More than anything, though, the precipitous drop [in the pound] seemed to attest to an increasingly unmistakable reality: Britain’s vote to exit the European Union — Brexit, in common parlance — has put its commercial relationships with the world on uncertain and potentially perilous ground. That poses risks for the British economy, making its money less attractive to hold. “The world believes that the U.K. is going to be poorer in the future, and find it more expensive to trade,” said Paul Johnson, the director of the Institute for Fiscal Studies, an independent research institution in London. “Essentially, the world is betting against the pound.” And against the British economy. The immediate cause of the plunge appeared to be a speech by the French president, François Hollande, on Thursday evening in Paris, in which he endorsed the view that Britain must be forced to swallow unpalatable terms of departure to discourage other European Union members from eyeing the exits. “The U.K. has decided to do a Brexit, I believe even a hard Brexit,” Mr. Hollande said. “Well, then, we must go all the way through the U.K.’s willingness to leave the E.U. We have to have this firmness. “If not,” he continued, “we would jeopardize the fundamental principles of the E.U. Other countries would want to leave the E.U. to get the supposed advantages without the obligations.”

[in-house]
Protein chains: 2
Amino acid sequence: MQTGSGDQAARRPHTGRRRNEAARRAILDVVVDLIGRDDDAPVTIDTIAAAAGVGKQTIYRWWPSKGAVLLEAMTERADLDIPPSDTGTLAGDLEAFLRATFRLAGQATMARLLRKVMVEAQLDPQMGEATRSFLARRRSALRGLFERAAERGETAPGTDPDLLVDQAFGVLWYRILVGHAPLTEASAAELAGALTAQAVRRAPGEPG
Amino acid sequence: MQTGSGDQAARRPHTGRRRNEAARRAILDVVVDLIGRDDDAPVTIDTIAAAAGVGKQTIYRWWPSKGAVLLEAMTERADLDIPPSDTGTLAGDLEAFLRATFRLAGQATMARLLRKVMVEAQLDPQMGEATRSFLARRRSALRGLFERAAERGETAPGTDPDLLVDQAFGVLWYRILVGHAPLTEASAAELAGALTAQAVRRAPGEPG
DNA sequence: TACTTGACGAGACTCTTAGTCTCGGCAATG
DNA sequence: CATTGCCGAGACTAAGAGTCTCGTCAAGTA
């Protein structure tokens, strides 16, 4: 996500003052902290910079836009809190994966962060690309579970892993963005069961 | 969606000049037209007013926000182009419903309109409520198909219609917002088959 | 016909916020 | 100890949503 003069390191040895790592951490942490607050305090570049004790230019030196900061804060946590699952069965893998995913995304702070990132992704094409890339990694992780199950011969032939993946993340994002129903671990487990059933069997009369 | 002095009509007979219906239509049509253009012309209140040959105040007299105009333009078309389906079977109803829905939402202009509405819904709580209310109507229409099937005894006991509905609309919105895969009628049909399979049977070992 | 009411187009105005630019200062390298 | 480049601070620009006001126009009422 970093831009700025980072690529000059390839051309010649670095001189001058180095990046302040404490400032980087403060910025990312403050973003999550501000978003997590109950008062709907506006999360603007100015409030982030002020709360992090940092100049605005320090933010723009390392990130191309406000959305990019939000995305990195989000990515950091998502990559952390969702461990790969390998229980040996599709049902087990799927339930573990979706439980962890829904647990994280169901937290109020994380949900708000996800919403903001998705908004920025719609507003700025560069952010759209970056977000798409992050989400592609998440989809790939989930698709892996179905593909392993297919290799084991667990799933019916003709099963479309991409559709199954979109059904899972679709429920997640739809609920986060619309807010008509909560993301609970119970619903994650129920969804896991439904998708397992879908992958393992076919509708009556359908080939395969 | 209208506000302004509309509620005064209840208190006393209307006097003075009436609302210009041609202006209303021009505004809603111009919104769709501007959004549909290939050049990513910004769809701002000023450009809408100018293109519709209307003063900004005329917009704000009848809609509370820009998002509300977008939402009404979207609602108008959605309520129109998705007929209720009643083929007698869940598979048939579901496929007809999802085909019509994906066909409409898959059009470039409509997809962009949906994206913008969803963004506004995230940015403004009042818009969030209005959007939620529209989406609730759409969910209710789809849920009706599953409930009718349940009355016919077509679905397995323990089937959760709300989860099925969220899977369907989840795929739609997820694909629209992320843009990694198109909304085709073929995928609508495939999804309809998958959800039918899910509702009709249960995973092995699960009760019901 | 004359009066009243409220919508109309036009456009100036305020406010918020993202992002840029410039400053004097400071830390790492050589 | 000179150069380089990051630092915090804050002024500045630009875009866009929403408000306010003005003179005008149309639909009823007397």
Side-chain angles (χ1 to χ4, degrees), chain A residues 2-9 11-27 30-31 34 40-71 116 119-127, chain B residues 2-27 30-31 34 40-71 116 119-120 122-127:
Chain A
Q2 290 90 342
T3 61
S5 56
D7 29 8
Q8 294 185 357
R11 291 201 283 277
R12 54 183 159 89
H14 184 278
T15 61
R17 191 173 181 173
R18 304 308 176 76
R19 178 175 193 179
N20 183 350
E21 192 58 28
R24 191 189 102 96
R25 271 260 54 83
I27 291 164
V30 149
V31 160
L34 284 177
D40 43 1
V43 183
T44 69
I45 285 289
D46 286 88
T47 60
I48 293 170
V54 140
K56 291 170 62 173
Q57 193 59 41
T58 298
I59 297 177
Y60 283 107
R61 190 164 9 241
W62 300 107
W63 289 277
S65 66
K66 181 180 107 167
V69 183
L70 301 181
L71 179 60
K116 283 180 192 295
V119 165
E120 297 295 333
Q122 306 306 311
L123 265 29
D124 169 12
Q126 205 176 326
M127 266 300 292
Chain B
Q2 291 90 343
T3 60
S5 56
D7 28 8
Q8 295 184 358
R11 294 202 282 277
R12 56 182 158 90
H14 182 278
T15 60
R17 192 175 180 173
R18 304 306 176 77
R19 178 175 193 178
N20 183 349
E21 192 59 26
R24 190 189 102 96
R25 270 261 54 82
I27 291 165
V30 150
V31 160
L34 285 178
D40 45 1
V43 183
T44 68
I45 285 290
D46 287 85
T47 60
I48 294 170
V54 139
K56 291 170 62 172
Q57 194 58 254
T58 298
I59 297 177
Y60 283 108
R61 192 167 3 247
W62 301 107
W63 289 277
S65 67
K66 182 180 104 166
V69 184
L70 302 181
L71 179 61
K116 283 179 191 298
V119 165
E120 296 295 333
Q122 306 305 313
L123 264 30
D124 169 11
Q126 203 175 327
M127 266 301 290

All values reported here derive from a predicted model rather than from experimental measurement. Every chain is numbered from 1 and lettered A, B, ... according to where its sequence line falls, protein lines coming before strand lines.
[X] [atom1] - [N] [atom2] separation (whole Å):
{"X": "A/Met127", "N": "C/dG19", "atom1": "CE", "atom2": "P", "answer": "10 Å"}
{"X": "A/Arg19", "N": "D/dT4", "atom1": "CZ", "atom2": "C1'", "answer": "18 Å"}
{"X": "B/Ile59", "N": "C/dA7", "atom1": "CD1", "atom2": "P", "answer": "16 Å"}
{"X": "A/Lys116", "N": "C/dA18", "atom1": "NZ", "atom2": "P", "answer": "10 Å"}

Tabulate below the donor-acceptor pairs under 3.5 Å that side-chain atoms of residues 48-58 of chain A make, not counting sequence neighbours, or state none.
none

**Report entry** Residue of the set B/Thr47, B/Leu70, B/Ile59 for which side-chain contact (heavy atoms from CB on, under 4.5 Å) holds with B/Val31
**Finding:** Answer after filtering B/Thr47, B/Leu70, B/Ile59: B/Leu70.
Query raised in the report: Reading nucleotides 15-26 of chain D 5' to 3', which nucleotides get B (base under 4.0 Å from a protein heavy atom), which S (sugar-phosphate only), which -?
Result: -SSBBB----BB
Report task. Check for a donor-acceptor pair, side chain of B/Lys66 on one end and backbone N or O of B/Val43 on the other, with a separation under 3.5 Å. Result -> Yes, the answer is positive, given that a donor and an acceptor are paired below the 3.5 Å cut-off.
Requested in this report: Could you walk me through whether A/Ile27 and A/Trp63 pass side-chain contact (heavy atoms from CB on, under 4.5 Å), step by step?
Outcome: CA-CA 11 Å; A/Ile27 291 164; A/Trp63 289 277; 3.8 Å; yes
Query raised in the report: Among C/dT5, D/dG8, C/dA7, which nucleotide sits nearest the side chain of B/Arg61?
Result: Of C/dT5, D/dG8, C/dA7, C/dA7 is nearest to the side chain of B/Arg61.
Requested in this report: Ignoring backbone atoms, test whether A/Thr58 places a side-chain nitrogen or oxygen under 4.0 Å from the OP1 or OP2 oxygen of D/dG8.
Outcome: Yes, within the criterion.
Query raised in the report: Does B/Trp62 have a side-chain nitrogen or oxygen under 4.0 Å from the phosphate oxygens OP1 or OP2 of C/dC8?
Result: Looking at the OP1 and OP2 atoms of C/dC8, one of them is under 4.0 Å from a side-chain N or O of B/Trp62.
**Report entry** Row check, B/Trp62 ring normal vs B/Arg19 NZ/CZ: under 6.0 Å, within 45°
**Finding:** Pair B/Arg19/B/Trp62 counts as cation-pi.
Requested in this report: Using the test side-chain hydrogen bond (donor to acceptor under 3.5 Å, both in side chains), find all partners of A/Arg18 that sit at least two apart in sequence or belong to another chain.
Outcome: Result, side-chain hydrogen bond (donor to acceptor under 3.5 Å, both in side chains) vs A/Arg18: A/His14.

Blogs I Follow
- I get it and I don’t get it…. mocking earnestness and mocking people are not the same thing
- Excession, by Iain Banks
- I listened. The Republicans are not saying much. Rep. Sensenbrenner (R,WI) offers an oped in the New York Times
- Greatest song ever recorded, for its voice, and lilting but complex melody: Myan Myan by Coupé Cloué
- “Sevastopol” by Emilio Fraia in The New Yorker
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